On the day Prime Minister Narendra Modi was emotionally urging his electorate in the run-up to second phase of assembly polls in Gujarat, I was confronted with a Harappan photograph of famous Priest King at the ASI museum, at the Harappan site of Dholavira, around 360 kilometers from Ahmedabad. The photograph had gone viral as a meme on Whatsapp. Memes do have a point amidst a touch of nuisance. The metaphor could not be ignored.
Dholavira, a lesser known late-Harappan archaeological site in Kutch district has a population of about 3500. Until late nineties, it was established that the site contains ruins of an ancient Indus Valley civilisation and was the grandest of the cities of its time. The fossil belt around Dholavira has more than 18,000 crore years old fossils, as told by the ASI guide. There were 13 field excavations till 2005 that challenged the established chronology and theory of Indus Valley civilisation.
One of the most significant discoveries at Dholavira was made in one of the side rooms of the northern gateway of the city, and is generally known as the Dholavira Signboard. The Harappans had arranged and set pieces of the mineral gypsum to form ten large symbols or letters on a big wooden board. At some point, the board fell flat on its face. The wood decayed, but the arrangement of the letters survived. The letters of the signboard are comparable to large bricks that were used in nearby walls.
This Dholavira signboard is still un-deciphered. Filmmaker Ashutosh Gowariker has used this signboard in his film Mohanjodaro. The excavation has stopped, fund has stopped flowing in and the principal archaeologist of Dholavira, RS Bisht still survives to see the light at the end of a historic tunnel blocked since last 12 years.
This inscription is one of the longest in the Indus script and its large size and public nature make it a key piece of evidence cited by scholars arguing that the Indus script represents full literacy. Parallels can’t be missed. Kutch literacy rate is far more than the average rate of Gujarat and nearing 100 percent. Many cities have full 100 percent literacy. It has been around a decade when Dholavira was included in the Rann festival as one of the major tourist sites. I first visited this remote place in 2011. There were no vehicles at that time. No connecting services. Adivasi and Ahir grazers then could be seen roaming freely. There was just one accommodation named Toran resort that is closed now. A large tourist resort is being built in its place.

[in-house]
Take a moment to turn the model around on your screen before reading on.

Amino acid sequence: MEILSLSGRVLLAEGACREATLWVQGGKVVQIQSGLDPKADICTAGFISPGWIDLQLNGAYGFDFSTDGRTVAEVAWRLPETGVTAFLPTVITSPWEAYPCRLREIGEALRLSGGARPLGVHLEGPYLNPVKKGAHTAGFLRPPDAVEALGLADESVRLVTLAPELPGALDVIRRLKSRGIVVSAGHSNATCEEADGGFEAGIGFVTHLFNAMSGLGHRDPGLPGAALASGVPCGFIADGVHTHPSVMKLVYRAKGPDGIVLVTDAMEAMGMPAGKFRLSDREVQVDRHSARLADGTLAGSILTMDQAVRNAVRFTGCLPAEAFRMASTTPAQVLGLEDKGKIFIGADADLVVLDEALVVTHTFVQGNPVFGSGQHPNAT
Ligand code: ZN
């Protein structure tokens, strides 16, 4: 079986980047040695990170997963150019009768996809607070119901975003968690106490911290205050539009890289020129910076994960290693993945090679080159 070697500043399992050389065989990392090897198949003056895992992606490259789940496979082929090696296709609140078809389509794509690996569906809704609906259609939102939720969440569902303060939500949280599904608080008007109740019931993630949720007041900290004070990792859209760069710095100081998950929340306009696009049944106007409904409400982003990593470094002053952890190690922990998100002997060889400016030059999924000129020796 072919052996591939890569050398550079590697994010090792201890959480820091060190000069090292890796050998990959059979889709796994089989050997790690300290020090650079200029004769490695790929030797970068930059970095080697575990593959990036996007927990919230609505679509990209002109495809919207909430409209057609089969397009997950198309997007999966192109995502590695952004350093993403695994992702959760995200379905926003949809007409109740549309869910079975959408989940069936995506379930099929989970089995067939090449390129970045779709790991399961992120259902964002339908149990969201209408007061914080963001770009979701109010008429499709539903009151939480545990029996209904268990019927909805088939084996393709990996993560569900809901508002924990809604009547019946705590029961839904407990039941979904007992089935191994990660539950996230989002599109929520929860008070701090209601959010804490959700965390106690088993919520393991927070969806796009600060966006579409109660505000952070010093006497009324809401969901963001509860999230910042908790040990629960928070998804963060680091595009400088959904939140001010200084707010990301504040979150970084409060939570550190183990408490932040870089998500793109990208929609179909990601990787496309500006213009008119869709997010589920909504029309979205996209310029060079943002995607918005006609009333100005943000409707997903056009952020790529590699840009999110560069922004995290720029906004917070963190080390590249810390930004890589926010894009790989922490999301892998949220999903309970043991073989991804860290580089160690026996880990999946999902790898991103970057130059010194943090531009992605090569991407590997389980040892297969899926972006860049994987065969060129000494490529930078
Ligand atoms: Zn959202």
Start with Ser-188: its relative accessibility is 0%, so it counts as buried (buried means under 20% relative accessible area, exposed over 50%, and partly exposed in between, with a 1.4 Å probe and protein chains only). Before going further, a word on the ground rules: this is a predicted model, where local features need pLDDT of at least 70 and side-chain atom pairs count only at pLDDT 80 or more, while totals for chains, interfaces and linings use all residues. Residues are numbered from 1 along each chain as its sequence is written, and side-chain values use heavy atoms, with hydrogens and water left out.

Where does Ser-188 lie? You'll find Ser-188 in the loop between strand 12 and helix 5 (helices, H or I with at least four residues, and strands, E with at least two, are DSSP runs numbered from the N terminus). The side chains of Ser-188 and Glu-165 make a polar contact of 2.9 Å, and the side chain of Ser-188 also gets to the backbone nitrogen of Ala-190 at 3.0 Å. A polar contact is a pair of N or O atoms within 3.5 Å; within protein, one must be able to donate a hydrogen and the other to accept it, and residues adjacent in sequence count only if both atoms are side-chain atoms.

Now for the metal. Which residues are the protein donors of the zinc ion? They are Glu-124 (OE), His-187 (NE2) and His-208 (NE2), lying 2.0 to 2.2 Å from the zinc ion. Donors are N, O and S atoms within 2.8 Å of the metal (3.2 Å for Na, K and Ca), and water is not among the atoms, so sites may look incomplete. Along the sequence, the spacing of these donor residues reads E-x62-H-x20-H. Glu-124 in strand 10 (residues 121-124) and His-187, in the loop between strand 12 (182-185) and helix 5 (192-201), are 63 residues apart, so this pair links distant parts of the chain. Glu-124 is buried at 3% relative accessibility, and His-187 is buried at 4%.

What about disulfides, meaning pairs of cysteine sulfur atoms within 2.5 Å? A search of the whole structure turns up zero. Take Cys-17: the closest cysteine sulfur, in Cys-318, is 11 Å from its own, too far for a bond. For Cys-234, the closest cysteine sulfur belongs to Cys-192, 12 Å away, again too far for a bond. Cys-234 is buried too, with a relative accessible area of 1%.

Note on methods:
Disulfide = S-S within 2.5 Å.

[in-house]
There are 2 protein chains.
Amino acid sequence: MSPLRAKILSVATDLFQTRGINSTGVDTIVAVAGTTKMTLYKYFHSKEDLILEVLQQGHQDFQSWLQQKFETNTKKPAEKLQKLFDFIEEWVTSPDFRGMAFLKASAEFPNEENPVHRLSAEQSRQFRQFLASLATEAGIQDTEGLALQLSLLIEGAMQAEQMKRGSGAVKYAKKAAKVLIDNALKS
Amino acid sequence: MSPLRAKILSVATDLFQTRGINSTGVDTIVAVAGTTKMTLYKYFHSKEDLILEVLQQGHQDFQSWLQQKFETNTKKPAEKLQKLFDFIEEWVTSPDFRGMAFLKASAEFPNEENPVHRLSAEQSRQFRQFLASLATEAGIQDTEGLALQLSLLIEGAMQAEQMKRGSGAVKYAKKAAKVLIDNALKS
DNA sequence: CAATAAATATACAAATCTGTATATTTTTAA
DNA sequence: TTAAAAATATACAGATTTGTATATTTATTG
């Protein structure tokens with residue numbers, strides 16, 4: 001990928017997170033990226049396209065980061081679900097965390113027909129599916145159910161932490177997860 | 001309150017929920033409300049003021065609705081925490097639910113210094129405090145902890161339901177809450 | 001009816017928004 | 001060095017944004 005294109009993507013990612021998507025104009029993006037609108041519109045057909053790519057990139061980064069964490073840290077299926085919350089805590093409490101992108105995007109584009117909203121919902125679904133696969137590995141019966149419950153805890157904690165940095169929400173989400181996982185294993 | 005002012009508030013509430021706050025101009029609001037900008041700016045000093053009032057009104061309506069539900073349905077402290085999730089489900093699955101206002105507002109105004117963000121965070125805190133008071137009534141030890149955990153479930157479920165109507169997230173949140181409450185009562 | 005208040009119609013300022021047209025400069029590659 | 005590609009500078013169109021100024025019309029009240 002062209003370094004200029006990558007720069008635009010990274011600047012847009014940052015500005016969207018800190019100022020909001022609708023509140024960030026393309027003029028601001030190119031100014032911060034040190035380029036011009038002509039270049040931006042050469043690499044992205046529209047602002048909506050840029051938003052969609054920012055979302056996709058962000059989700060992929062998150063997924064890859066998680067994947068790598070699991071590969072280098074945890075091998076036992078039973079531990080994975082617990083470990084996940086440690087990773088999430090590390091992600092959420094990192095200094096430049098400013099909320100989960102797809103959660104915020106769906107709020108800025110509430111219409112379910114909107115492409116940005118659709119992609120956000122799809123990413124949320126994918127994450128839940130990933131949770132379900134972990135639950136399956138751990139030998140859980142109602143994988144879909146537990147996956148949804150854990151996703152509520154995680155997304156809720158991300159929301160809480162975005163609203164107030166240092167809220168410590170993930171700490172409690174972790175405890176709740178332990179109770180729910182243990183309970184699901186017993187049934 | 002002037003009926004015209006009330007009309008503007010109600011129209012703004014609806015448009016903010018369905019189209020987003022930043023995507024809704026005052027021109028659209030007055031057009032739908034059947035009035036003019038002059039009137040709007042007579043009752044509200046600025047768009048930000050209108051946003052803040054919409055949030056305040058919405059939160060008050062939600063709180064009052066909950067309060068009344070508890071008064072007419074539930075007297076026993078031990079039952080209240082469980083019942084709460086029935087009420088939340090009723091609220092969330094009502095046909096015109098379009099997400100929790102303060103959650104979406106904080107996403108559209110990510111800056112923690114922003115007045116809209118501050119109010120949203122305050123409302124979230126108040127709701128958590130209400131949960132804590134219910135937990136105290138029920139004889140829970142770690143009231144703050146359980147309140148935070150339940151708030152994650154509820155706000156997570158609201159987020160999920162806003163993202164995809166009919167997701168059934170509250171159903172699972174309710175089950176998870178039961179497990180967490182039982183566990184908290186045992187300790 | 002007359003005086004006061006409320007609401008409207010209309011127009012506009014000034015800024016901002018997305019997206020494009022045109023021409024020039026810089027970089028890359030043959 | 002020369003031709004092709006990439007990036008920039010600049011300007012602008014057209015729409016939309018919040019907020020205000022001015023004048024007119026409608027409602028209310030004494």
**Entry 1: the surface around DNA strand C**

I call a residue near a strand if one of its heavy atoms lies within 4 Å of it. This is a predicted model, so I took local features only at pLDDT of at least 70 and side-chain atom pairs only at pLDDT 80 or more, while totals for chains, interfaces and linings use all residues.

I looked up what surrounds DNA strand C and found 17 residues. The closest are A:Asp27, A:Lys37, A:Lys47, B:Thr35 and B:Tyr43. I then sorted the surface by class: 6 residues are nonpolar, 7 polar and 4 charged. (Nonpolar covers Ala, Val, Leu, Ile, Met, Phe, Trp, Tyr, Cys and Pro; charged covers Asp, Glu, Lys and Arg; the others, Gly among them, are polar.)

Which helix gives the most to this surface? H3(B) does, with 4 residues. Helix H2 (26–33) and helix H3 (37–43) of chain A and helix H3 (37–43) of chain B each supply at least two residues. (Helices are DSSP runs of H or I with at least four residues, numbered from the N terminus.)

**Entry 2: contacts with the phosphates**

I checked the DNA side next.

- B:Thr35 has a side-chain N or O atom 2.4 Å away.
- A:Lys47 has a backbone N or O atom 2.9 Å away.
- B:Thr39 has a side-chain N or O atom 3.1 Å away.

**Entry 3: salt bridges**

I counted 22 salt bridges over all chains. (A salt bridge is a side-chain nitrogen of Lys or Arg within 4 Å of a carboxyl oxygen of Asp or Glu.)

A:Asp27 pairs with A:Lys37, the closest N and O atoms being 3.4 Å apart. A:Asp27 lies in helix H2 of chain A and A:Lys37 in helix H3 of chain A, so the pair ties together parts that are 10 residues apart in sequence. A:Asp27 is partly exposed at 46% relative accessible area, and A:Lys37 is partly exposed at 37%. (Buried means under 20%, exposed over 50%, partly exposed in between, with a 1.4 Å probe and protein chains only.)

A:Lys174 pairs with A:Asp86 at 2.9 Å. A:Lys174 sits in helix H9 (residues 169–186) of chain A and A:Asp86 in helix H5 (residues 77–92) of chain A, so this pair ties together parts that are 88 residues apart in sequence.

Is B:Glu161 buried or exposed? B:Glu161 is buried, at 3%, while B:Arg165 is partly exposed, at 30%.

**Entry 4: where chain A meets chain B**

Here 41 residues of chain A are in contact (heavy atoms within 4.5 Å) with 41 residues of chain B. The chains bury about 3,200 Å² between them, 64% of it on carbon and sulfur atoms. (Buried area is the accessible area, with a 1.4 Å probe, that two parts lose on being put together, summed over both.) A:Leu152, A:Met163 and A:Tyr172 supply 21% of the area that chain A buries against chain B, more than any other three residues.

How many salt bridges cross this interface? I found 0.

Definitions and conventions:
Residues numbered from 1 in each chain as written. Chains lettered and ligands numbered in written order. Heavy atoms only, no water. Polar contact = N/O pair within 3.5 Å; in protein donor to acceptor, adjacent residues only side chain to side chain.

Just ten years of ‘development’ and the magic of Dholavira is gone. The long road constructed in the midst of Rann Of Kutch connecting this island to the mainland witnesses dozens JCB’s and machines roaring day and night. The wildlife that could be seen while travelling has gone into hiding. Manjubhai, the ASI guide, says, “We just work for three months during Rann Utsav when people visit here otherwise we have to struggle for full nine months to survive”. There is no MNREGA here. Nor any livelihood scheme. And the number of voters is awesome: 3,000 in a population of 3,500! And whom they vote for? Our local driver Laljibhai says, “Without doubt Narendra bhai! People are happy that he has connected this arid area with Narmada canals. Now water will reach here and quench thirst of BSF personnel guarding the border outposts in Kutch”.
Dholavira is a special case to be studied while revisiting Gujarat Model. A Harappan archaeological site (excavated just around 30 percent) being transformed in to a three month festive spectacle within a decade of its discovery! Sense of history has gone awry. When people lose sense of history, they start creating memes and metaphors. It is not a coincidence that the face of bearded Harappan Priest King was being compared to Modi in a widely circulated meme in social media.
The place called Dholavira from where I speak, the ruler resembles; the ruled resemble. The civilisation seems lynched and the development seems parched.